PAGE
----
IEEE International Conference on Communications , vol. 1, pp. 334--8,

   [7] Q. Shen, A. Lo, W. Seah, and C.C. Ko, "On Providing Flow
   Transparent Mobility Support for IPv6-based Wireless Real-time
   Services," Proceedings of the Seventh International Workshop on
   Mobile Multimedia Communications (MoMuC2000) , pp. 2B--4--1 -- 2B--4-
   --6, October 2000.

   [8] A.K. Talukdar, B.R. Badrinath, and A. Acharya, "MRSVP: A
   Reservation Protocol for an Integrated Services Packet Network with
   Mobile Hosts," Tech. Rep. DCS-TR-337, Department of Computer Science,
   Rutgers University, U.S.A., 1997.

   [9] W. Chen and L. Huang, "RSVP Mobility Support: A Signaling
   Protocol for Integrated Services Internet with Mobile Hosts,"
   Proceedings of IEEE INFOCOM 2000: Conference on Computer
   Communications , vol. 3, pp. 1283--92, 2000.

   [10] D.O. Awduche and E. Agu, "Mobile Extensions to RSVP,"
   Proceedings of Sixth International Conference on Computer
   Communications and Networks , pp. 132--6, 1997.

   [11] I. Mahadevan and K.M. Sivalingam, "An Experimental Architecture
   for Providing QoS Guarantees in Mobile Networks Using RSVP,"
   Proceedings of Ninth International Symposium on Personal, Indoor, and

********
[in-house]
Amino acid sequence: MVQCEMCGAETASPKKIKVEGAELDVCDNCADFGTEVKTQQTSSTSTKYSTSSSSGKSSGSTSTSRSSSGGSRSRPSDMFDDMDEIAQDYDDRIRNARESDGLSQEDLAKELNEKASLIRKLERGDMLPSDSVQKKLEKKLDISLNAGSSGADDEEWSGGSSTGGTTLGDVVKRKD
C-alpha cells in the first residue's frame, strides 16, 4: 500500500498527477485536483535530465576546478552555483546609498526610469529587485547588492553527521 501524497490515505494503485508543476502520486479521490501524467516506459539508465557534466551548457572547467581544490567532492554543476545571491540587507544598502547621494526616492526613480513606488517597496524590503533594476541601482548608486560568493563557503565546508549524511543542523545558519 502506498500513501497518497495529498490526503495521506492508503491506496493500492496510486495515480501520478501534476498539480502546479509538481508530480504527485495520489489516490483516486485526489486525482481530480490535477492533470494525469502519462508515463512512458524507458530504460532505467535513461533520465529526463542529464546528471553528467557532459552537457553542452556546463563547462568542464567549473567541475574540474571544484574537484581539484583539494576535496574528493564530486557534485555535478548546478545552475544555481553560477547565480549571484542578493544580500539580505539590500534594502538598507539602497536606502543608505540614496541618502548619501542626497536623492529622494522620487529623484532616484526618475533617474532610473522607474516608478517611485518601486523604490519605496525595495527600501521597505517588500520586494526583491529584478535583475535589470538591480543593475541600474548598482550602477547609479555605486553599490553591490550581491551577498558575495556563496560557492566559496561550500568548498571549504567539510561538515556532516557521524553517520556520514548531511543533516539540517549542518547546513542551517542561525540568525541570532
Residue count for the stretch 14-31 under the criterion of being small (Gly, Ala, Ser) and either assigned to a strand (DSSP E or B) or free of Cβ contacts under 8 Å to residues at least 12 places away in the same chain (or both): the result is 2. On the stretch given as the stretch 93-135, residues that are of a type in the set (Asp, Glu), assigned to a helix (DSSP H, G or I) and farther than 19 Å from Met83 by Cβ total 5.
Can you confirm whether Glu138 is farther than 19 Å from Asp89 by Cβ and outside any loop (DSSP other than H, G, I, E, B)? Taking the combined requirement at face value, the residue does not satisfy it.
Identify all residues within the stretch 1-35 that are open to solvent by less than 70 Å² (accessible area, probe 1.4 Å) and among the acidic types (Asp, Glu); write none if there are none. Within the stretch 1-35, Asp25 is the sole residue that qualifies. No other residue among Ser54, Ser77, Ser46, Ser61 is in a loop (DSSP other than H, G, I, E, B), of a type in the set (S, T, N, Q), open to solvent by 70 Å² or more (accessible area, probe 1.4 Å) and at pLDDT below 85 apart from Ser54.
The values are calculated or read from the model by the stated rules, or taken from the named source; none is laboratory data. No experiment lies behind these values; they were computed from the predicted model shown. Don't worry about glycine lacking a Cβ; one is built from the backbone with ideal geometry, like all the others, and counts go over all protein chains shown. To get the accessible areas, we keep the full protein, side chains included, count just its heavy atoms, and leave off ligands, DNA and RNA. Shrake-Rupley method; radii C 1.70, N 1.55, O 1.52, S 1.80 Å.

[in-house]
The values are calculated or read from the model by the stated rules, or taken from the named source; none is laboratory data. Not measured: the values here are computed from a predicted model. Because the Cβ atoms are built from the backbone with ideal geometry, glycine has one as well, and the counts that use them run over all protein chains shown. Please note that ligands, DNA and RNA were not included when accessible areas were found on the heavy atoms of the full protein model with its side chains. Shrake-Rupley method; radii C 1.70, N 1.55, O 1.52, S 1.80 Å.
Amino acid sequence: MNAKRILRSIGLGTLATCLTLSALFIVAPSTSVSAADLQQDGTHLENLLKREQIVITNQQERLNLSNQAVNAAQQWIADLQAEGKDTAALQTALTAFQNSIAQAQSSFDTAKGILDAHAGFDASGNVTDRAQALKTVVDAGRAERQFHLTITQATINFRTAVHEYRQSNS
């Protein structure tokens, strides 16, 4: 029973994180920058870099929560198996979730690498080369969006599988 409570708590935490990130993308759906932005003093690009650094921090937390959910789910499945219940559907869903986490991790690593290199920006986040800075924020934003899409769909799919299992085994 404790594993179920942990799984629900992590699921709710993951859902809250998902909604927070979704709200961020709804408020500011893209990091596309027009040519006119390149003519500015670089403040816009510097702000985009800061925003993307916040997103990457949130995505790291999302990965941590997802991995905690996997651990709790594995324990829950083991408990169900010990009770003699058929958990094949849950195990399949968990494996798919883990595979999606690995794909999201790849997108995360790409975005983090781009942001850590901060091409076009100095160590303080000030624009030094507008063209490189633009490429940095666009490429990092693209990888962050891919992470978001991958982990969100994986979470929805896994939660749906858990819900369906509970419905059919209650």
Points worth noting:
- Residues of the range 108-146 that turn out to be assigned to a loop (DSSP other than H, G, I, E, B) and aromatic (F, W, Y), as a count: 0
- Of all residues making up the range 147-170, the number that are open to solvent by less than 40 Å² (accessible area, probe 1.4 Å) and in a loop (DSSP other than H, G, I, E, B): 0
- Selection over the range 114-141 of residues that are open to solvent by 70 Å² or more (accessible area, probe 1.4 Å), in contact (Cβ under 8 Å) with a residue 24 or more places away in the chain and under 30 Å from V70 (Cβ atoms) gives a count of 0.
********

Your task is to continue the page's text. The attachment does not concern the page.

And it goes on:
Mobile Radio Communications (PIMRC'98) , vol. 1, pp. 50--4, 1998.

   [12] P. Ferguson and D. Senie, "Ingress Filtering: Defeating Denial

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   of Service Attacks Which Employ IP Source Address Spoofing," RFC 2827
   , May 2000.

   [13] Y. Bernet, P. Ford, R. Yavatkar, F. Baker, and et al., "A
   Framework for Integrated Services Operation over Diffserv Networks,"
   RFC 2998 , November 2000.

   [14] Y. Bernet, "The Complementary Roles of RSVP and Differentiated
   Services in the Full-Service QoS Network," IEEE Communications , vol.
   38, no. 2, pp. 154--162, 2000.

11 Authors' addresses

   Qi Shen
   Centre for Wireless Communications
   National University of Singapore
   20 Science Park Road
   #02-34/37, TeleTech Park
   Singapore Science Park II
   Singapore, Singapore 117674
   Phone: +65 870-9358

   Winston Seah
   Centre for Wireless Communications
   National University of Singapore
   20 Science Park Road
   #02-34/37, TeleTech Park
   Singapore Science Park II
   Singapore, Singapore 117674
   Phone: +65 870-9163

   Anthony Lo
   Ericsson EuroLab Netherlands
   Business & Science Park
   Institutenweg 25
   P O Box 645, 7500 AP Enschede
   The Netherlands
   Phone: +31 53-450-5480